According to the Coca-Cola website and every label I read, Coca-Cola Zero Sugar is a mixture of organic compounds:
CARBONATED WATER (OC(OH)₂), CARAMEL COLOR (Various sugars), PHOSPHORIC ACID (H₃PO₄) , ASPARTAME (C₁₄H₁₈N₂O₅), POTASSIUM BENZOATE (C₇H₅KO₂), NATURAL FLAVORS, POTASSIUM CITRATE (C₆H₅K₃O₇), ACESULFAME POTASSIUM (C₄H₄KNO₄S), CAFFEINE (C₈H₁₀N₄O₂).
The label also says 40 mg sodium. There's a perceptible salty taste in the beverage, which suggests to me that something activates the taste receptors for saltiness, but a potassium cation can do that just fine.
There is no sodium in any of those molecules. That means "Natural Flavors" must contain the sodium... but in what form? The essential oils in things like OpenCola seem to all be hydrocarbons without sodium. And if it's plain old NaCl table salt, why wouldn't they just list it as "salt"?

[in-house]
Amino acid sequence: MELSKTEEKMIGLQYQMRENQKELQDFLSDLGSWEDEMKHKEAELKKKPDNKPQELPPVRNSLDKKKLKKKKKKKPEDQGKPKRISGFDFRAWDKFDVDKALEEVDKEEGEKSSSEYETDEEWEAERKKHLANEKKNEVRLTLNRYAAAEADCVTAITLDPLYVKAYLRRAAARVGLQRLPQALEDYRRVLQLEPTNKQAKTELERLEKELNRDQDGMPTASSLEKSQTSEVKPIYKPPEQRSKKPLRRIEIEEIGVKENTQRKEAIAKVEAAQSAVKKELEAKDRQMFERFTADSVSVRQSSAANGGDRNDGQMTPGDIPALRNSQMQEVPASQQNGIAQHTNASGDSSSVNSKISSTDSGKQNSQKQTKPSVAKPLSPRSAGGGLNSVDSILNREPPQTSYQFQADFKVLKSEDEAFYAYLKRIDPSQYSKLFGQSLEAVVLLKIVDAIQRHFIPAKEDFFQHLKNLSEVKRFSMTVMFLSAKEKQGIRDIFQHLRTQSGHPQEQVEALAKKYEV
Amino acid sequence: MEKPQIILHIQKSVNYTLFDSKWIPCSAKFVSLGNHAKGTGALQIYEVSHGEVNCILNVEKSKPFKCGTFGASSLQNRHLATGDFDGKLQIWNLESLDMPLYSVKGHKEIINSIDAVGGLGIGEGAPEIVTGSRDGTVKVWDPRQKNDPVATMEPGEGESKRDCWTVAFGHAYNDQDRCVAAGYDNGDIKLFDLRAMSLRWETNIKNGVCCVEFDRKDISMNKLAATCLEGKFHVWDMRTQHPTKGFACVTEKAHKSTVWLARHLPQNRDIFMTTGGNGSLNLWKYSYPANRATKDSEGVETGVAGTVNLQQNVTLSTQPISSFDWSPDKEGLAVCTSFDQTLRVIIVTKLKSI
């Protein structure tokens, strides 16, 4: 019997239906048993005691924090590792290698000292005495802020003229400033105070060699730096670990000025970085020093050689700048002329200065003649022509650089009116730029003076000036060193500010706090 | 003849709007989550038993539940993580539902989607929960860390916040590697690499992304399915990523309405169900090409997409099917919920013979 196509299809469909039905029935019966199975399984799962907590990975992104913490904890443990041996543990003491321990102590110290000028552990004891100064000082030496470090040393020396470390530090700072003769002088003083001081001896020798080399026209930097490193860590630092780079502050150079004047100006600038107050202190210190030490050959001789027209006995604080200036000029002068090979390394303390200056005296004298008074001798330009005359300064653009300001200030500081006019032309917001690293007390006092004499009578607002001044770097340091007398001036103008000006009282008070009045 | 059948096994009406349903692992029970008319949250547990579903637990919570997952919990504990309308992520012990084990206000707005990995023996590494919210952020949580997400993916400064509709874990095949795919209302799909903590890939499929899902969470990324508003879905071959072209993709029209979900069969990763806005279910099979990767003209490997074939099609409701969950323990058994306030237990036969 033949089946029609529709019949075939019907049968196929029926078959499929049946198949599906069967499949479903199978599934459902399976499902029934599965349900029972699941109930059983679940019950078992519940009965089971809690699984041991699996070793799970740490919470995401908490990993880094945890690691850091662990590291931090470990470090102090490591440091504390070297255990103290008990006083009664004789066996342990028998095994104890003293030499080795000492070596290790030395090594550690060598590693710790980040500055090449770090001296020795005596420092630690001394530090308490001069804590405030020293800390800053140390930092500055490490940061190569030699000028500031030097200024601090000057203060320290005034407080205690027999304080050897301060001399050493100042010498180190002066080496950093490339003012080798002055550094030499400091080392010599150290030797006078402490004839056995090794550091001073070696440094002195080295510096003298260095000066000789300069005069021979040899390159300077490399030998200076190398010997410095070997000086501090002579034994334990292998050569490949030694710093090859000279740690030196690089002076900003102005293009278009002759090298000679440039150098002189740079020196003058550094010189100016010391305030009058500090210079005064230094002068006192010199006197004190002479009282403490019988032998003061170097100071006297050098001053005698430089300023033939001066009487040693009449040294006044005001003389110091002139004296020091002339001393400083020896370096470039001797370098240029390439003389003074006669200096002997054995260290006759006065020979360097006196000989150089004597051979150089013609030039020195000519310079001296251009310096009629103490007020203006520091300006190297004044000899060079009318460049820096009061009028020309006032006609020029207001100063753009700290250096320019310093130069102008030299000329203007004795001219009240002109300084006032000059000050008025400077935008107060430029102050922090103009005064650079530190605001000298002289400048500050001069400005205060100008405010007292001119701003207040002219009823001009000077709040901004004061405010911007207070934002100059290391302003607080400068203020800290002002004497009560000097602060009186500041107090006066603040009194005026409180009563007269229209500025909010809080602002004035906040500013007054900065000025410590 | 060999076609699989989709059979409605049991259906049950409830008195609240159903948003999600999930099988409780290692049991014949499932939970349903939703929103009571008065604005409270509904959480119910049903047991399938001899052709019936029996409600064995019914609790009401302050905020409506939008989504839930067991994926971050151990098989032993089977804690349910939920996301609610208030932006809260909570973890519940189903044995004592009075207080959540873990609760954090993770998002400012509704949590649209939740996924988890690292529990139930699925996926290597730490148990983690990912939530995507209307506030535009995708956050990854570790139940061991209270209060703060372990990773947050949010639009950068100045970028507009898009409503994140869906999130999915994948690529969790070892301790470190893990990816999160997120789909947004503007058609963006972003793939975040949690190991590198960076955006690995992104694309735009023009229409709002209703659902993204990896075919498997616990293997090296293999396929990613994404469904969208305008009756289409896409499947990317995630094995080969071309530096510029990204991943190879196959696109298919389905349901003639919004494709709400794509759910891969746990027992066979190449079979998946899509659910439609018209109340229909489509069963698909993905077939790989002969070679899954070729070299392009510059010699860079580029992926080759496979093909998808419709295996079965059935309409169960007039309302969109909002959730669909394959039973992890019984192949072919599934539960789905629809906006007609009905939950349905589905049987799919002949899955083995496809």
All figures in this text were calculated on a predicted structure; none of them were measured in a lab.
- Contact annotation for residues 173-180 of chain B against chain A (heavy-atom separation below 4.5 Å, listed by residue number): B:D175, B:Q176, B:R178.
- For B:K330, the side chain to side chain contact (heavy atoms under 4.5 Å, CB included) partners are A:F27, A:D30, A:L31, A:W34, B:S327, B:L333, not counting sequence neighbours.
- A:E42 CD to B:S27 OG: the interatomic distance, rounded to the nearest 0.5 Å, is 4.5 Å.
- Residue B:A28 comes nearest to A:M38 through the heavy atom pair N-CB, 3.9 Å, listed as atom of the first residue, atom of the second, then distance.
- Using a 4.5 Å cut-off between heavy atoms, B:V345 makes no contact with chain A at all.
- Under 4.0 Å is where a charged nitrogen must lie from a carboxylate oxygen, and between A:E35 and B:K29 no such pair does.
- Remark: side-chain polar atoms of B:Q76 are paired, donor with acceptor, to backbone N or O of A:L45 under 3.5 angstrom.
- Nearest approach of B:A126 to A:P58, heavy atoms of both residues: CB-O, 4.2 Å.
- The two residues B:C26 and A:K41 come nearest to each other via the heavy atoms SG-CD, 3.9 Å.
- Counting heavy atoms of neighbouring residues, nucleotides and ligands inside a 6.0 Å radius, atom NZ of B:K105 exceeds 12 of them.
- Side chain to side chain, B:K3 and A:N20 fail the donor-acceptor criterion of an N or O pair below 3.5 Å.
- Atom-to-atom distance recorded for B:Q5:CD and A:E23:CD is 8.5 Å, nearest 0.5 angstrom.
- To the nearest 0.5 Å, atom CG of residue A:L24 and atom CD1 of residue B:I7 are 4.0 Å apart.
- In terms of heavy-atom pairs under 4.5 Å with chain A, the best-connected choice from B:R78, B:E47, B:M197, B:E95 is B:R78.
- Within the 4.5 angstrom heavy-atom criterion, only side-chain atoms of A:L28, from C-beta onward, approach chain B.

Where's the sodium in Coke coming from?
EDIT: The discussion has centered around the sodium content of "still" drinking water; what about the process of carbonating the water? Some processes add a sodium carbonate to the solution; could that be the source, contained in the ingredients list as "carbonated water"?